In most cases, only the indicated exons and roughly 20 bp of flanking non-coding sequence on each side are analyzed. Test reports contain little or no information about other portions of the gene, including many regulatory regions.

In nearly all cases, we are unable to determine the phase of sequence variants. In particular, when we find two likely causative mutations for recessive disorders, we cannot be certain that the mutations are on different alleles.

Our ability to detect minor sequence variants, due for example to somatic mosaicism is limited. Sequence variants that are present in less than 50% of the patient’s nucleated cells may not be detected.

Runs of mononucleotide repeats (eg (A)n or (T)n) with n >8 in the reference sequence are generally not analyzed because of strand slippage during PCR and cycle sequencing.

Unless otherwise indicated, the sequence data that we report are based on DNA isolated from a specific tissue (usually leukocytes). Test reports contain no information about gene sequences in other tissues.

Deletion/Duplication Testing via Array Comparative Genomic Hybridization

Test Procedure

Equal amounts of genomic DNA from the patient and a gender matched reference sample are amplified and labeled with Cy3 and Cy5 dyes, respectively. To prevent any sample cross contamination, a unique sample tracking control is added into each patient sample. Each labeled patient product is then purified, quantified, and combined with the same amount of reference product. The combined sample is loaded onto the designed array and hybridized for at least 22-42 hours at 65°C. Arrays are then washed and scanned immediately with 2.5 µM resolution. Only data for the gene(s) of interest for each patient are extracted and analyzed.

Analytical Validity

PreventionGenetics' high density gene-centric custom designed aCGH enables the detection of relatively small deletions and duplications within a single exon of a given gene or deletions and duplications encompassing the entire gene. PreventionGenetics has established and verified this test's accuracy and precision.

Analytical Limitations

Our dense probe coverage may allow detection of deletions/duplications down to 100 bp; however due to limitations and probe spacing this cannot be guaranteed across all exons of all genes. Therefore, some copy number changes smaller than 100-300 bp within a targeted large exon may not be detected by our array.

This array may not detect deletions and duplications present at low levels of mosaicism or those present in genes that have pseudogene copies or repeats elsewhere in the genome.

aCGH will not detect balanced translocations, inversions, or point mutations that may be responsible for the clinical phenotype.

Breakpoints, if occurring outside the targeted gene, may be hard to define.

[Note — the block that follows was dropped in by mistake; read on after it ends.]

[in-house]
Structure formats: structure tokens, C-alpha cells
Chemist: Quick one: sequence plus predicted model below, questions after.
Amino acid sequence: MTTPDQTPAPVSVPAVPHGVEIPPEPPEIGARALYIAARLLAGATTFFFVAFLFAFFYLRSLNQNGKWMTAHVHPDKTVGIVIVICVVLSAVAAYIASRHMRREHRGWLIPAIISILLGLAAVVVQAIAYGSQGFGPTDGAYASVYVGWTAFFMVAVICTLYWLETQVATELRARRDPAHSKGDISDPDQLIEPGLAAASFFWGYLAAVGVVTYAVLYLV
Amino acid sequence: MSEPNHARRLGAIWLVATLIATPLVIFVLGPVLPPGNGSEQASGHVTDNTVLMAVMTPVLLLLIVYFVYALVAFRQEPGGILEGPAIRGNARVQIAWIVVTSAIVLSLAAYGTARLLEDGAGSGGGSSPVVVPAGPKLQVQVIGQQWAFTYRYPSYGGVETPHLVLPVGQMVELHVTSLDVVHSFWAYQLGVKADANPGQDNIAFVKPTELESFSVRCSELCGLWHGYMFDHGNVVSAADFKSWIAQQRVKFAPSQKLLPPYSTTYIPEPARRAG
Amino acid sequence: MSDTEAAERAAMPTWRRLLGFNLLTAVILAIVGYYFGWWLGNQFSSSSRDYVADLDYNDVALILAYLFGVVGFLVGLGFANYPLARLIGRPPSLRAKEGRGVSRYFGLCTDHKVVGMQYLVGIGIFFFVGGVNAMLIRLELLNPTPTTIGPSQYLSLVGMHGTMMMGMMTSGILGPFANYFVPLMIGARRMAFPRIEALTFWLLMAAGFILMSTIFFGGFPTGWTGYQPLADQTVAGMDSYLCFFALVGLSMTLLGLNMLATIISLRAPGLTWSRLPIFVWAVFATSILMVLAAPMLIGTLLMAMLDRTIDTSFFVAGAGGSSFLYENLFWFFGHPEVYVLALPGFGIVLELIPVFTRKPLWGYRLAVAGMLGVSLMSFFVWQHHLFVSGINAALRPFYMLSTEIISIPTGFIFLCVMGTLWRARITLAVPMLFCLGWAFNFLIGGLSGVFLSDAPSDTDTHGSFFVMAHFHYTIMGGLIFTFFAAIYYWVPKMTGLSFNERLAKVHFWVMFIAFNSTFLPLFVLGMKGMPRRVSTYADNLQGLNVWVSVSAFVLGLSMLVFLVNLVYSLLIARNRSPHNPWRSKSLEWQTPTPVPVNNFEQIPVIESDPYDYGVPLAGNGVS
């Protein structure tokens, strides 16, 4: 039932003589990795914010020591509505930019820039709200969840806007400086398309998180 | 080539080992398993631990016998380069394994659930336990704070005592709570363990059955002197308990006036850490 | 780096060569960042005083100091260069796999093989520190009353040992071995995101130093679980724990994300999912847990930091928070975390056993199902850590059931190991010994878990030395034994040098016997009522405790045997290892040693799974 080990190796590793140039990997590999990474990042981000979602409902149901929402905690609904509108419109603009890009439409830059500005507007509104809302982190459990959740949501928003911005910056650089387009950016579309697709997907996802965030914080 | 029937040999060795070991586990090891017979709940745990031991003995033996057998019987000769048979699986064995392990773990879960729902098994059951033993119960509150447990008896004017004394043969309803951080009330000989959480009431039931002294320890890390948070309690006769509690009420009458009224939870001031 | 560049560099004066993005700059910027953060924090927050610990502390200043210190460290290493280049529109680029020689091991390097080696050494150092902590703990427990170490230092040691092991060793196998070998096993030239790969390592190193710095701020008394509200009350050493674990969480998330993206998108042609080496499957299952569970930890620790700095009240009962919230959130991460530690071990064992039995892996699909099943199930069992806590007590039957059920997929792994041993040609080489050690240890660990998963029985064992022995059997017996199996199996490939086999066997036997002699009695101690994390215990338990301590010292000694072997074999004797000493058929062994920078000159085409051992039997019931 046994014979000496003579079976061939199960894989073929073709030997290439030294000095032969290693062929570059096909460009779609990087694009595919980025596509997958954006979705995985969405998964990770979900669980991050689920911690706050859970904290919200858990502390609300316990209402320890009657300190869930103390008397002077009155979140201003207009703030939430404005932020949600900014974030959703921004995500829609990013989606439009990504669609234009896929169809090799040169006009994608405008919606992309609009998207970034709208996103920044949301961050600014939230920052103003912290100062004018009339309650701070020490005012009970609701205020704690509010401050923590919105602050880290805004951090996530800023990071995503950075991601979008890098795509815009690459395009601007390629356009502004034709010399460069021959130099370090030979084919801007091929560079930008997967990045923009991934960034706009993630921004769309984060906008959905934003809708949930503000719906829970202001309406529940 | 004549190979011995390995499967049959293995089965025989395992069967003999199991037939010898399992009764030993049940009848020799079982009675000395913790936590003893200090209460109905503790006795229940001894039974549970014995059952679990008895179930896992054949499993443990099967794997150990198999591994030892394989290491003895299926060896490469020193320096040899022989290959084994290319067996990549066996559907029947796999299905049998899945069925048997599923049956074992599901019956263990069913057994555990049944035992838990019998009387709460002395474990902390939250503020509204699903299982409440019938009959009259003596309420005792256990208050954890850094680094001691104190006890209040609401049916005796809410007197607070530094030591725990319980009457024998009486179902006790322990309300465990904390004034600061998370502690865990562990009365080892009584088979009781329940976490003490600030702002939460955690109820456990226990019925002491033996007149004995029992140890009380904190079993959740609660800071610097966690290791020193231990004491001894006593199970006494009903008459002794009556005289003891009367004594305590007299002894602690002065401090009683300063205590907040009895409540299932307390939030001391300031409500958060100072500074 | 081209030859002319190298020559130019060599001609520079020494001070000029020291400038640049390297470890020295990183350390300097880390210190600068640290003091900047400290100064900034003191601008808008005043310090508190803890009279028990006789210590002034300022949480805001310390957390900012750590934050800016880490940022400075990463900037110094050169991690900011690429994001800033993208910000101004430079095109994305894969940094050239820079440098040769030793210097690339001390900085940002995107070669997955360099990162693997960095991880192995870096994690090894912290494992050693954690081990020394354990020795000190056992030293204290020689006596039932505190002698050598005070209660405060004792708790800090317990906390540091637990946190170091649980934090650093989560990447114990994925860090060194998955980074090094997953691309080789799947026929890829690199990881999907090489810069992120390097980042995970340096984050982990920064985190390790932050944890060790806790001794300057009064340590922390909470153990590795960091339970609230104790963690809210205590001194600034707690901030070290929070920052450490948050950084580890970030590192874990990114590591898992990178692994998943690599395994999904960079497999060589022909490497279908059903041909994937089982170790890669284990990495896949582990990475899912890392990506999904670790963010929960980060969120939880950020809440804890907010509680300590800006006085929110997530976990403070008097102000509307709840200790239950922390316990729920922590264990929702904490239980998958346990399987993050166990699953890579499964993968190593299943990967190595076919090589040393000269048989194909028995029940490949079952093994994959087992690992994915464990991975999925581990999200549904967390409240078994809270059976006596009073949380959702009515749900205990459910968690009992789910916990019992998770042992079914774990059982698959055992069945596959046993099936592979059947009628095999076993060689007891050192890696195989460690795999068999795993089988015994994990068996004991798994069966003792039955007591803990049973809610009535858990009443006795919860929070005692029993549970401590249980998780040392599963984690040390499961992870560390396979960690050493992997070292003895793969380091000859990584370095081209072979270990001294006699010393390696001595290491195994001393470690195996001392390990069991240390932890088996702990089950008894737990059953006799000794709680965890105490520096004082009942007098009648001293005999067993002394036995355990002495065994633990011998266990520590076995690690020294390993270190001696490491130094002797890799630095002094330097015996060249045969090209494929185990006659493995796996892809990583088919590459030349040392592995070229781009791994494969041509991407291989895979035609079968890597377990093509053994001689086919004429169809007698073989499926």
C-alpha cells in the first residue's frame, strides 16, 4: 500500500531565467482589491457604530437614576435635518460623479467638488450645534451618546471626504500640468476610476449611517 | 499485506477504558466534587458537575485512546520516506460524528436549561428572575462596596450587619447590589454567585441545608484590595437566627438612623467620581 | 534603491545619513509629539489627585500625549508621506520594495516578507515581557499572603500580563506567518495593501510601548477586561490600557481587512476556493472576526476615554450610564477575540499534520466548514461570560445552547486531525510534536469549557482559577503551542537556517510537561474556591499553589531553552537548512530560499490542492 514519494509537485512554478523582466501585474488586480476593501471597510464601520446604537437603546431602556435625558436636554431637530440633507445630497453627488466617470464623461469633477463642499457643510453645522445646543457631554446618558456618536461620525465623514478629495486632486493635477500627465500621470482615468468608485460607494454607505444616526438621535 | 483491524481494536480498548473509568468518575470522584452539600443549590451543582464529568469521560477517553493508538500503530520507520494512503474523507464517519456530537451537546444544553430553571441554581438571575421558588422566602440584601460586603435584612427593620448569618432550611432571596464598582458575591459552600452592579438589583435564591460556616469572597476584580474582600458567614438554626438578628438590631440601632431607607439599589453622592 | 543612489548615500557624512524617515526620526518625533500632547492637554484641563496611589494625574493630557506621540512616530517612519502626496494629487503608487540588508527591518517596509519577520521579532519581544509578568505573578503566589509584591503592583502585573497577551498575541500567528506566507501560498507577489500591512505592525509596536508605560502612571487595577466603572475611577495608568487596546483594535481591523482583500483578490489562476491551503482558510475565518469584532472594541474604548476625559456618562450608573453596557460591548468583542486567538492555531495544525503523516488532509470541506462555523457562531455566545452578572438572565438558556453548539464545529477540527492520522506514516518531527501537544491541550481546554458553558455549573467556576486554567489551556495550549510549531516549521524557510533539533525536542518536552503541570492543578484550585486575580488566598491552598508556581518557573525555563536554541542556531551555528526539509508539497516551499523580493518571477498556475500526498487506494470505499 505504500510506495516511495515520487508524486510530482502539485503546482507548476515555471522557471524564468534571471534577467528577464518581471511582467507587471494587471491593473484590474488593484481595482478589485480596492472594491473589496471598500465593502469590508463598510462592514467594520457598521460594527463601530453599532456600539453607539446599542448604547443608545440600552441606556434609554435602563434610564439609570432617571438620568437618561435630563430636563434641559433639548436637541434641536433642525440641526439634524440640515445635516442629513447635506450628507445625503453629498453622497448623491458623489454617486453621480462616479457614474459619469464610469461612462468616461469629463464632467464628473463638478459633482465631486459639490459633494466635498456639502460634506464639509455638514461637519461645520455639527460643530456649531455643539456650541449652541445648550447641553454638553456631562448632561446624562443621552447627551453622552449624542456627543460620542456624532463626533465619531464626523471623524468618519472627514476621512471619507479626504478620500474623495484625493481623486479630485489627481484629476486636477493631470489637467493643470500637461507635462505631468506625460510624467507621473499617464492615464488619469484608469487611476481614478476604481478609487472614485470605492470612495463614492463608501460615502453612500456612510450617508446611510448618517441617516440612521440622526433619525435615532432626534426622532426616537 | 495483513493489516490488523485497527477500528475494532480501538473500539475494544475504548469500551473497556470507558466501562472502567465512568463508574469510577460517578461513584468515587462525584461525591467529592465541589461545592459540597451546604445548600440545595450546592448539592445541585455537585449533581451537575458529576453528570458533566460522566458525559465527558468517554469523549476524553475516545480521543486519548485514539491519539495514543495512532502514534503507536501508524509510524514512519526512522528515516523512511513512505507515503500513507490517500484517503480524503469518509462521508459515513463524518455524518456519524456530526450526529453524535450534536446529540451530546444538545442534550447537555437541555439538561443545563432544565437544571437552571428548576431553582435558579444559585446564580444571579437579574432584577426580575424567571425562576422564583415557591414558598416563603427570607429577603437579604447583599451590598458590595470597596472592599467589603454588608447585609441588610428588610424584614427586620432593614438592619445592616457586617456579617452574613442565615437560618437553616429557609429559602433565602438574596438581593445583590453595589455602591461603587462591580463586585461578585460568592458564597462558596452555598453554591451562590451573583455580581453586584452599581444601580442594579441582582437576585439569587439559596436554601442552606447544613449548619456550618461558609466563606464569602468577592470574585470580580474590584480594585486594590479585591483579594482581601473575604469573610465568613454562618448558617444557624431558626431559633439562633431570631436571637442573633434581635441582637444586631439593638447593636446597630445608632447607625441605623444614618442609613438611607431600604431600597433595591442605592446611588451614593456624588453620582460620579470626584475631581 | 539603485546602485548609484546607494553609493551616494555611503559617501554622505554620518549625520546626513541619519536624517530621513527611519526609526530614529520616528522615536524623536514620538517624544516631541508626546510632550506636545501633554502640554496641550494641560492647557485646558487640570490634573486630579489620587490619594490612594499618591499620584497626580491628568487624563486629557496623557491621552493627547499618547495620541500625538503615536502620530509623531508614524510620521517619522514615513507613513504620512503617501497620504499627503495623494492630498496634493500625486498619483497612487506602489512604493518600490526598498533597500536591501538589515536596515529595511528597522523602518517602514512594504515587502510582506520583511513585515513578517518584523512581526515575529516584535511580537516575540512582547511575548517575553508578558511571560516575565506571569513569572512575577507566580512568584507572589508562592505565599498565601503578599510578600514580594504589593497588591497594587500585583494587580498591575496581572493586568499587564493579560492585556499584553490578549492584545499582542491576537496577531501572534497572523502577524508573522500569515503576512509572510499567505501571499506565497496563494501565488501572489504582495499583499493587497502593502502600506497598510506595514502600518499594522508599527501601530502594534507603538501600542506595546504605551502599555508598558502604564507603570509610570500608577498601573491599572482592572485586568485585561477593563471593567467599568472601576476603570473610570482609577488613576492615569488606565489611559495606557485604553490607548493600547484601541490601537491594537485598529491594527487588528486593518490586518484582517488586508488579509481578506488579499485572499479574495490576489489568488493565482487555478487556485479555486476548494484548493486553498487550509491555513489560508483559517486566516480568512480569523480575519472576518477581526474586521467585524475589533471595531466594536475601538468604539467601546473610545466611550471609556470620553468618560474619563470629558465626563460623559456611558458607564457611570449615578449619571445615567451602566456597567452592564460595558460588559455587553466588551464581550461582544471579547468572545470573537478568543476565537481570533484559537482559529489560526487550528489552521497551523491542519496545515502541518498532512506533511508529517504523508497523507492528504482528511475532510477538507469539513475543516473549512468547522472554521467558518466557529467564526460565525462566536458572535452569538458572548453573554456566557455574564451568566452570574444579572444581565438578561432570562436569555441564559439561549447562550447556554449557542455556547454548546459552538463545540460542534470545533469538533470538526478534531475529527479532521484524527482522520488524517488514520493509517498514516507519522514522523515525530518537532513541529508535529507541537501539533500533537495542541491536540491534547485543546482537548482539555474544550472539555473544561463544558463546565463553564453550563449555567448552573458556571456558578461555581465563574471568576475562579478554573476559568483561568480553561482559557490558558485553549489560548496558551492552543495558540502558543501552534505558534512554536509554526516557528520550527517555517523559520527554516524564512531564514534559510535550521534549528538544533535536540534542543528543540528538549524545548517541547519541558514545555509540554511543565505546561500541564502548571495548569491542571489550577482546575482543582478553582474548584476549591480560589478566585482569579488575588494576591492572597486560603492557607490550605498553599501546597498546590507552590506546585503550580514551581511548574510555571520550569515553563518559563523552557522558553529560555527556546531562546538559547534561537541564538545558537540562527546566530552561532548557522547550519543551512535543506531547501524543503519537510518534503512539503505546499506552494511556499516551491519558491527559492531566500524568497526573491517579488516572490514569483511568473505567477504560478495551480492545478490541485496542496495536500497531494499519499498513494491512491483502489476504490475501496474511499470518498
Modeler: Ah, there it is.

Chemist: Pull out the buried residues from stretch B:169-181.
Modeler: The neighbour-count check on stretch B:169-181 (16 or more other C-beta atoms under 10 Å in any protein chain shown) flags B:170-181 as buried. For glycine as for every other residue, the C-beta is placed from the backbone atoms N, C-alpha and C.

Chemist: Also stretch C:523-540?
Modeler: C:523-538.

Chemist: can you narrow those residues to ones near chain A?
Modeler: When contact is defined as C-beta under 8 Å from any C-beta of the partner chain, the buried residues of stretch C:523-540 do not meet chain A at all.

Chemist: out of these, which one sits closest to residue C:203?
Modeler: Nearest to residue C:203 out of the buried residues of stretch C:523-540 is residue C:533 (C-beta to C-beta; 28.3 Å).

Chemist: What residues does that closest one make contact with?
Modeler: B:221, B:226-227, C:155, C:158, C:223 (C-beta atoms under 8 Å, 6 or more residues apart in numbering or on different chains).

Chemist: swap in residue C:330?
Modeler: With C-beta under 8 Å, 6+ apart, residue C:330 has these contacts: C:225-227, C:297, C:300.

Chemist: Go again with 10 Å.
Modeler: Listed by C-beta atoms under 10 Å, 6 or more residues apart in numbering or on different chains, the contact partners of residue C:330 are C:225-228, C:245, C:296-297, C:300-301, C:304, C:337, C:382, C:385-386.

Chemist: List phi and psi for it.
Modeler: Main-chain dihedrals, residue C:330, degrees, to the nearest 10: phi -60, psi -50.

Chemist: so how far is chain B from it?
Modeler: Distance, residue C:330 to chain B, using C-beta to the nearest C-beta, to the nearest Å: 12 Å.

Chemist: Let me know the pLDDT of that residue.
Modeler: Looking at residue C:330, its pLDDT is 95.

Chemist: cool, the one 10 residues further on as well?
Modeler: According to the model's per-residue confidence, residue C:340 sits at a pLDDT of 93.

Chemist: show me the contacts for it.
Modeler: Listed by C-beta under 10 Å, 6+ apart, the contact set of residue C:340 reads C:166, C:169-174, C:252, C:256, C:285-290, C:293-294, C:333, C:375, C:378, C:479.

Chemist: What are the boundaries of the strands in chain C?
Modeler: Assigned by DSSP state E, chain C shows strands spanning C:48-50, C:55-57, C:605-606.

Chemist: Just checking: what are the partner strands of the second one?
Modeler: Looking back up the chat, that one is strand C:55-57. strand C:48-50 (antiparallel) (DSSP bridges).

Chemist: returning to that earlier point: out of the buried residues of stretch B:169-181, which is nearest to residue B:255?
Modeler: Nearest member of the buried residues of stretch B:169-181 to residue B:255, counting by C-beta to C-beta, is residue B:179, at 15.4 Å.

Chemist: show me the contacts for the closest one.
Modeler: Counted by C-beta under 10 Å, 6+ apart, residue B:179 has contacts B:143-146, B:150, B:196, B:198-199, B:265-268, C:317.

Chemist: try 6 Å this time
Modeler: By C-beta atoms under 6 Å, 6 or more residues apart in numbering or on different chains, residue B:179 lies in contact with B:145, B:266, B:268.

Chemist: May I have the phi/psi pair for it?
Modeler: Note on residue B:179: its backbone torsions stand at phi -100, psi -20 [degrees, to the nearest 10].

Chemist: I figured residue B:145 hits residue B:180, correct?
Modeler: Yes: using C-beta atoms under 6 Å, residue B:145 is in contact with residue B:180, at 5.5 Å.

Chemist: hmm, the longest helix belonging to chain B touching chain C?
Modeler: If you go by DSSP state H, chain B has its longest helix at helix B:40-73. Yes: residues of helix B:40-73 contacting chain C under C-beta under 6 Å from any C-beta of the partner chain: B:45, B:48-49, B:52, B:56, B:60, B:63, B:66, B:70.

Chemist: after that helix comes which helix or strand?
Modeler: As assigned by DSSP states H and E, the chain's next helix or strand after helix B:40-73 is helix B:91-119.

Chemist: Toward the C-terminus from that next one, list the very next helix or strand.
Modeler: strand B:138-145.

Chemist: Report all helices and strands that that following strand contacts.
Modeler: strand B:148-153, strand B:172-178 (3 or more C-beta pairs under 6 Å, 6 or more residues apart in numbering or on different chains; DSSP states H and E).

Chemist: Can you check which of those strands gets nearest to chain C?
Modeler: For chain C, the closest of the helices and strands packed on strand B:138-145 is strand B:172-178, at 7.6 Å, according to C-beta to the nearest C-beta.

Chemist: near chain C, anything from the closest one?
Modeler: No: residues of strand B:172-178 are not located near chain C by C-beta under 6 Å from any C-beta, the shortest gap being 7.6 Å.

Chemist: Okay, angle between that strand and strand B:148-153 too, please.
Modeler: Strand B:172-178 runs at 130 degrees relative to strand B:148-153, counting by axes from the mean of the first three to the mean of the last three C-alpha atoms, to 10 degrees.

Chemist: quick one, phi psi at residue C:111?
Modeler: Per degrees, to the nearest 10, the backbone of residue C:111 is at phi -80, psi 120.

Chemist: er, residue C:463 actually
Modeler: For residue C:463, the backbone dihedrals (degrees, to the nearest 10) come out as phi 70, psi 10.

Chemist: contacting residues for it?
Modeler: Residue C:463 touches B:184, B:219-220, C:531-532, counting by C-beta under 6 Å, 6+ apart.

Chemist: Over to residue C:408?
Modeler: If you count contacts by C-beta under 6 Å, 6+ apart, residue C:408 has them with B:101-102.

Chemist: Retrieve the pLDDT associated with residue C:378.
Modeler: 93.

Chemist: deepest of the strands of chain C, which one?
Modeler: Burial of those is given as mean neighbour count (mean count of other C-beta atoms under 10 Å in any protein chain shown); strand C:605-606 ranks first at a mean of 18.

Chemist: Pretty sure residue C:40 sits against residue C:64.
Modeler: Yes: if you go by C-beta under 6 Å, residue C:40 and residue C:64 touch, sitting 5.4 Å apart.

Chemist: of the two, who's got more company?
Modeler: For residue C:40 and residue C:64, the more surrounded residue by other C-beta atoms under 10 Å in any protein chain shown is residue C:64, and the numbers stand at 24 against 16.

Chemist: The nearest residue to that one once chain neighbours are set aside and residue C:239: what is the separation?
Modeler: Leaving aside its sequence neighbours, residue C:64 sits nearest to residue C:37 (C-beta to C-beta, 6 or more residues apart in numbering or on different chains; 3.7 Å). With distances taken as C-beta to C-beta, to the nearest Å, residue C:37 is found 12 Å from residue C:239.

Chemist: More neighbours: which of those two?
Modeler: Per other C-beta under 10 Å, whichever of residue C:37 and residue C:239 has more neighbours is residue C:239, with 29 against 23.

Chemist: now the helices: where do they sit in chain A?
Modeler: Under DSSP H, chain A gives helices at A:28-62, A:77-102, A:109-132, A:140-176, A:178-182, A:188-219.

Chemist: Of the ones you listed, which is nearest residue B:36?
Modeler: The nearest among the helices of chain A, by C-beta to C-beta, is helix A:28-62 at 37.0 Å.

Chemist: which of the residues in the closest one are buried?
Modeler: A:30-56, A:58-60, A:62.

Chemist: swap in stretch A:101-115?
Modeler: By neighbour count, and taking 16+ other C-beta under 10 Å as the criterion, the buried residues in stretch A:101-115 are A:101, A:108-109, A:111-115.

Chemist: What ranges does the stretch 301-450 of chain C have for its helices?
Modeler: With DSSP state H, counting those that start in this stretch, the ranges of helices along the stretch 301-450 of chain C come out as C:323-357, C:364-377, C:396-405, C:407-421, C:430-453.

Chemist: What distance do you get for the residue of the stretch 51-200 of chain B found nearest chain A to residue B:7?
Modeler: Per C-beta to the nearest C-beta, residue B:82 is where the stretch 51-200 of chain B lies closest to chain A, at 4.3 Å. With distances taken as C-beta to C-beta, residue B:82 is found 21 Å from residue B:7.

The sensitivity of this assay may be reduced when DNA is extracted by an outside laboratory.

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Ordering Options

myPrevent - Online Ordering
  • The test can be added to your online orders in the Summary and Pricing section.
  • Once the test has been added log in to myPrevent to fill out an online requisition form.
  • A completed requisition form must accompany all specimens.
  • Billing information along with specimen and shipping instructions are within the requisition form.
  • All testing must be ordered by a qualified healthcare provider.


(Delivery accepted Monday - Saturday)

  • Collect 3 ml -5 ml (5 ml preferred) of whole blood in EDTA (purple top tube) or ACD (yellow top tube). For Test #500-DNA Banking only, collect 10 ml -20 ml of whole blood.
  • For small babies, we require a minimum of 1 ml of blood.
  • Only one blood tube is required for multiple tests.
  • Ship blood tubes at room temperature in an insulated container. Do not freeze blood.
  • During hot weather, include a frozen ice pack in the shipping container. Place a paper towel or other thin material between the ice pack and the blood tube.
  • In cold weather, include an unfrozen ice pack in the shipping container as insulation.
  • At room temperature, blood specimen is stable for up to 48 hours.
  • If refrigerated, blood specimen is stable for up to one week.
  • Label the tube with the patient name, date of birth and/or ID number.


(Delivery accepted Monday - Saturday)

  • Send in screw cap tube at least 5 µg -10 µg of purified DNA at a concentration of at least 20 µg/ml for NGS and Sanger tests and at least 5 µg of purified DNA at a concentration of at least 100 µg/ml for gene-centric aCGH, MLPA, and CMA tests, minimum 2 µg for limited specimens.
  • For requests requiring more than one test, send an additional 5 µg DNA per test ordered when possible.
  • DNA may be shipped at room temperature.
  • Label the tube with the composition of the solute, DNA concentration as well as the patient’s name, date of birth, and/or ID number.
  • We only accept genomic DNA for testing. We do NOT accept products of whole genome amplification reactions or other amplification reactions.


(Delivery preferred Monday - Thursday)

  • PreventionGenetics should be notified in advance of arrival of a cell culture.
  • Culture and send at least two T25 flasks of confluent cells.
  • Some panels may require additional flasks (dependent on size of genes, amount of Sanger sequencing required, etc.). Multiple test requests may also require additional flasks. Please contact us for details.
  • Send specimens in insulated, shatterproof container overnight.
  • Cell cultures may be shipped at room temperature or refrigerated.
  • Label the flasks with the patient name, date of birth, and/or ID number.
  • We strongly recommend maintaining a local back-up culture. We do not culture cells.